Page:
“And the waters prevailed, and were increased greatly upon the earth; and the ark went upon the face of the waters.”
The idea of plate tectonics is today such a deeply ingrained idea that many people assume the concept is completely proved and is the only obvious way to explain the Earth’s crust. Many creationists – and I include myself – would suggest that plate tectonics is indeed the best explanation, though we would not accept the evolutionary timescale, suggesting that tectonic movement must have been rapid and catastrophic in the early days of the Flood. However, the deep-time, evolutionary version of plate tectonics owes much to the work of Alfred Wegener, who published his ideas of continental drift in 1912, but whose ideas were not widely accepted until the 1950s.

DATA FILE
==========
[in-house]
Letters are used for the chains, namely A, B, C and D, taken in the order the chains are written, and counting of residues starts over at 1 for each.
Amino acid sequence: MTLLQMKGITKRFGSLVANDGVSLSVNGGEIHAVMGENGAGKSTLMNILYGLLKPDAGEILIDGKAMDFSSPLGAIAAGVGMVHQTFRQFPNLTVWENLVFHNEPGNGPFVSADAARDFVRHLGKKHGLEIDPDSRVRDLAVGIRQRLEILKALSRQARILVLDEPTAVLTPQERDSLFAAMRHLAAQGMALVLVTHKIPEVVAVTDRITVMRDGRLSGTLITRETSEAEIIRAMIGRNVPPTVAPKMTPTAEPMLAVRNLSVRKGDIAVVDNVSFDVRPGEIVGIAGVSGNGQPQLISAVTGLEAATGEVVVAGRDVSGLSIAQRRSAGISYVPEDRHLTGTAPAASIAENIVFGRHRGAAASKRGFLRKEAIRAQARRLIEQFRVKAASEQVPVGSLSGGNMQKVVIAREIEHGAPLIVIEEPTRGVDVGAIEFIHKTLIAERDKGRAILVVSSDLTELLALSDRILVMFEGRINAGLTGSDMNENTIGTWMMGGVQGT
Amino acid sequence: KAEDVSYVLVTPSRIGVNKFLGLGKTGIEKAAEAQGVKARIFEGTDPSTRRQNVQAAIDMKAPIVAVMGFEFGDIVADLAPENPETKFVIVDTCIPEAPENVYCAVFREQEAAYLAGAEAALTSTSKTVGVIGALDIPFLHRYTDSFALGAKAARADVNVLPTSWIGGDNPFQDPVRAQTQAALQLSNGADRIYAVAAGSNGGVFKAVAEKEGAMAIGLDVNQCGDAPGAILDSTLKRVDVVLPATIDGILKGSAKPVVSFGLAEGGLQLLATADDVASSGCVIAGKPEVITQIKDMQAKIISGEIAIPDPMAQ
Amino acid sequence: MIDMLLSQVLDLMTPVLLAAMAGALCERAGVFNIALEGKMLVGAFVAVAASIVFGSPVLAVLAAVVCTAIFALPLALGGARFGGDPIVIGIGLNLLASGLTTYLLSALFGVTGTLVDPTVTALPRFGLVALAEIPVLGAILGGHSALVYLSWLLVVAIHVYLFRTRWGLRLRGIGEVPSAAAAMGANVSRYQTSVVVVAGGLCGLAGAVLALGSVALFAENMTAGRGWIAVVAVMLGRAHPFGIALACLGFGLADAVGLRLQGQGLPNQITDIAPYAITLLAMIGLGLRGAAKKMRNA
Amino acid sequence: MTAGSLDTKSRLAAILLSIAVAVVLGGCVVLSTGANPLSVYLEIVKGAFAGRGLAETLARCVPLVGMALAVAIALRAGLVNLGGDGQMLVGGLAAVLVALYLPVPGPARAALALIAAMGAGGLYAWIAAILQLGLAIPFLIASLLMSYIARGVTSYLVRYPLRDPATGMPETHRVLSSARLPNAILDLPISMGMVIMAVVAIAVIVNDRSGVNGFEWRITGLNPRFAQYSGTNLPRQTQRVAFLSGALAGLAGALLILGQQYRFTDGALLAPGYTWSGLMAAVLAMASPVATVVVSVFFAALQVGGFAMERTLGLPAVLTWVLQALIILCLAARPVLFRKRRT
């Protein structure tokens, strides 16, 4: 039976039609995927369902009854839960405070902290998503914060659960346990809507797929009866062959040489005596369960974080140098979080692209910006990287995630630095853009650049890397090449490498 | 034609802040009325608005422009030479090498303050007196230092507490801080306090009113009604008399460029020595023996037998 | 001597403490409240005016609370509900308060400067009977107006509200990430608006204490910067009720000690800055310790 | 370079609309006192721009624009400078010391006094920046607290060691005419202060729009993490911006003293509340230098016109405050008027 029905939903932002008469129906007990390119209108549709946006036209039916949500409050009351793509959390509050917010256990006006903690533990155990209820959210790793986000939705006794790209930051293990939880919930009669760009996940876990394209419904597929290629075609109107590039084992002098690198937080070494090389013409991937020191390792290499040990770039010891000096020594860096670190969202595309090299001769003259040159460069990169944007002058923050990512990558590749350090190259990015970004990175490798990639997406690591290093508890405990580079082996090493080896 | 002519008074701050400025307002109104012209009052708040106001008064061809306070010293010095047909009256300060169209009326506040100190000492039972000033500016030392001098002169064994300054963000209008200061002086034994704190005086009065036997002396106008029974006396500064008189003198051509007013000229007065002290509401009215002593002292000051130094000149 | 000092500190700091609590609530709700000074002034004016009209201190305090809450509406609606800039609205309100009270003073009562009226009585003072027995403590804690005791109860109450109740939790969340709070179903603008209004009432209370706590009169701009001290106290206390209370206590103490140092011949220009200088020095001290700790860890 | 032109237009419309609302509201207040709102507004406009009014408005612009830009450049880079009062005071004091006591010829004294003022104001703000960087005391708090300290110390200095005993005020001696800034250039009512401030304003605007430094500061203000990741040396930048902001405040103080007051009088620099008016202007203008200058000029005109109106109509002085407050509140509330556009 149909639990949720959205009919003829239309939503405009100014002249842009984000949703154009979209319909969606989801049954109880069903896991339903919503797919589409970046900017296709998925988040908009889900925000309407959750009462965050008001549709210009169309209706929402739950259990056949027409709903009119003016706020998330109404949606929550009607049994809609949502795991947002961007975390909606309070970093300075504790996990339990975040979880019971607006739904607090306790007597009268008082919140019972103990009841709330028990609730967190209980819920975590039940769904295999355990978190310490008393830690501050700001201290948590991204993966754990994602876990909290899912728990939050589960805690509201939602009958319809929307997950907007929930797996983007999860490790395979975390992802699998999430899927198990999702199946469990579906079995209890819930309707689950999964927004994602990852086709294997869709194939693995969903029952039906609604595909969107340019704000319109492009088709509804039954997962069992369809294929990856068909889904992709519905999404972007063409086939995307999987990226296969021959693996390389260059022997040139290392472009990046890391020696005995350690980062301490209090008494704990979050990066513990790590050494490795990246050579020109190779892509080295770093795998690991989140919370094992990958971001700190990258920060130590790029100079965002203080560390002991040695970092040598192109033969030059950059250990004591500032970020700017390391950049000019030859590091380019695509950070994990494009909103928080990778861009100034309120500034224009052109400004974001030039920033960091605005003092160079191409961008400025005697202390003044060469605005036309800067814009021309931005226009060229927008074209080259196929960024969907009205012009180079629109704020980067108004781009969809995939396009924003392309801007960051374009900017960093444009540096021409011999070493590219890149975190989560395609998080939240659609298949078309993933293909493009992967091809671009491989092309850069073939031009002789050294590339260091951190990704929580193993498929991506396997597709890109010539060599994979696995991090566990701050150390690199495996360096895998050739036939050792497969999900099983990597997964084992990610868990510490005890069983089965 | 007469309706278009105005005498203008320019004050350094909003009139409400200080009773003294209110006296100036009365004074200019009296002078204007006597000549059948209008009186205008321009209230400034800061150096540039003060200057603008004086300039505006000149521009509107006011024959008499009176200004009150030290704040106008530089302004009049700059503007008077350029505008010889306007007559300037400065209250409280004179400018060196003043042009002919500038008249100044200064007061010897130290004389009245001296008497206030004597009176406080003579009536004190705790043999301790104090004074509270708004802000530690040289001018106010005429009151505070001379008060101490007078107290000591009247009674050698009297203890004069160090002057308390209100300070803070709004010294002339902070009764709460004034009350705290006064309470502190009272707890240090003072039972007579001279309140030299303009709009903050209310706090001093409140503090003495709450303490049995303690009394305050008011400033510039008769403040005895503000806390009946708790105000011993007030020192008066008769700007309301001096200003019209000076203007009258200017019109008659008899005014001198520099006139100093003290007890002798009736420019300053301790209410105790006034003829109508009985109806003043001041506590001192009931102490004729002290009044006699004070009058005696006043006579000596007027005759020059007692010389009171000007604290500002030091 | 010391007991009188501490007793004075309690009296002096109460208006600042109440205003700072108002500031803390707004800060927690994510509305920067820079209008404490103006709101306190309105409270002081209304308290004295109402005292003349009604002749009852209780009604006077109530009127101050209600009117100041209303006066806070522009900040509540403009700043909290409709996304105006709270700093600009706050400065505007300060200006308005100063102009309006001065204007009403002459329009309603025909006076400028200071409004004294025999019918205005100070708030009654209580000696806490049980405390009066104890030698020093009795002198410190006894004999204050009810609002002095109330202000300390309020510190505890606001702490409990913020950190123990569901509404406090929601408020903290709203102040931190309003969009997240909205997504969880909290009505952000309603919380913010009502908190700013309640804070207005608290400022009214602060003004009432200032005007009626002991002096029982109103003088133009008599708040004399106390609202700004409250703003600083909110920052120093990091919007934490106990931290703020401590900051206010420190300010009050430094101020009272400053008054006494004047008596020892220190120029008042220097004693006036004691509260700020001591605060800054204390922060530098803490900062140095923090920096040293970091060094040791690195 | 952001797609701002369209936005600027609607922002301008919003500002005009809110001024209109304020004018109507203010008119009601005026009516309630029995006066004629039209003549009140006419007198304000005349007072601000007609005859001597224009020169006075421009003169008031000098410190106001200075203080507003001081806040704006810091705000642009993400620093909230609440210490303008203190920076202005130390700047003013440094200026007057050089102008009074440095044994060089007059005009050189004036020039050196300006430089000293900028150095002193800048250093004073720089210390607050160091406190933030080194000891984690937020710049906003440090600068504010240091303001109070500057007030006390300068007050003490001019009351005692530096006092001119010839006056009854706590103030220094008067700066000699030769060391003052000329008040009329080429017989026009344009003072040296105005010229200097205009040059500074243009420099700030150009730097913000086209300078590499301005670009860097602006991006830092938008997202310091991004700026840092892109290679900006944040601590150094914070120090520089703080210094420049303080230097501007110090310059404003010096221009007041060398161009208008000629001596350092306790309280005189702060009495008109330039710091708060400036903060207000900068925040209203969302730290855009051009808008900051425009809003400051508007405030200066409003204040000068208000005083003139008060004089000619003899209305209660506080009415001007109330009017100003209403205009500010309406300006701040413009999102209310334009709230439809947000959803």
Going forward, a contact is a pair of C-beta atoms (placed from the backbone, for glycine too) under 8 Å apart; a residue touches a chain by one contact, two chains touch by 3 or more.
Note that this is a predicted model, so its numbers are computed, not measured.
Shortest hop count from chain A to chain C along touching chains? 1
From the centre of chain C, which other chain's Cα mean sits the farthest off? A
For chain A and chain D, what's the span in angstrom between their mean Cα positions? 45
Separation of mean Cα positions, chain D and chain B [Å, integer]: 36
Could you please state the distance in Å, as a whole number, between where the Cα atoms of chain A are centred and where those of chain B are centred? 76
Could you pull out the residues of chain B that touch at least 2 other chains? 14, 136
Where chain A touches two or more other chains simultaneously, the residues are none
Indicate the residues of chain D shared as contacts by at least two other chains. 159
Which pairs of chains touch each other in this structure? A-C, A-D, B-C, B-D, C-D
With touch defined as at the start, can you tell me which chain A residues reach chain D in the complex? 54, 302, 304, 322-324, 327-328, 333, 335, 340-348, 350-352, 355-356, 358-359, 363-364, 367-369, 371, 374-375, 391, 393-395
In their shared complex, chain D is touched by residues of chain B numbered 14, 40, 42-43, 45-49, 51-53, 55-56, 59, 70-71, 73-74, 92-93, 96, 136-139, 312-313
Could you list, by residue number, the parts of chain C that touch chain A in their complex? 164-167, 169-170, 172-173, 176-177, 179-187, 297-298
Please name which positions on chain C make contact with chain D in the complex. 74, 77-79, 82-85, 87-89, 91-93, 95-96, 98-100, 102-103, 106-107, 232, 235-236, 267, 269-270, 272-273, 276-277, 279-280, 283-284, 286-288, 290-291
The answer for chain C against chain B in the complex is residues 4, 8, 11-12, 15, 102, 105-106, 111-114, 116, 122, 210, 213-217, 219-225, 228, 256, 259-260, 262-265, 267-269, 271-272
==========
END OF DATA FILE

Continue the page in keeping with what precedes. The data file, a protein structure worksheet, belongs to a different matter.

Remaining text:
However, Wegener was not the originator of the idea. The first published account of this concept was a book called La Création et ses mystères dévoilés (“The Creation and its Mysteries Unveiled”), by the French geologist Antonio Snider-Pellegrini. Pellegrini noticed two important facts. First, examining a map of the world, he realized that the continents of the world are similar to a jigsaw puzzle. It is possible to move the continents so that they appear to join together. Pellegrini hypothesized that the continents had originally been joined, but had moved apart. In support of this idea, he cited the similarity between plant fossils in Europe and North America.
It is possible that his theories did not catch on immediately because of his ideas on the mechanism for this continental drift. Pellegrini thought that the continents were forced to drift apart by the onset of the worldwide Flood reported in Genesis.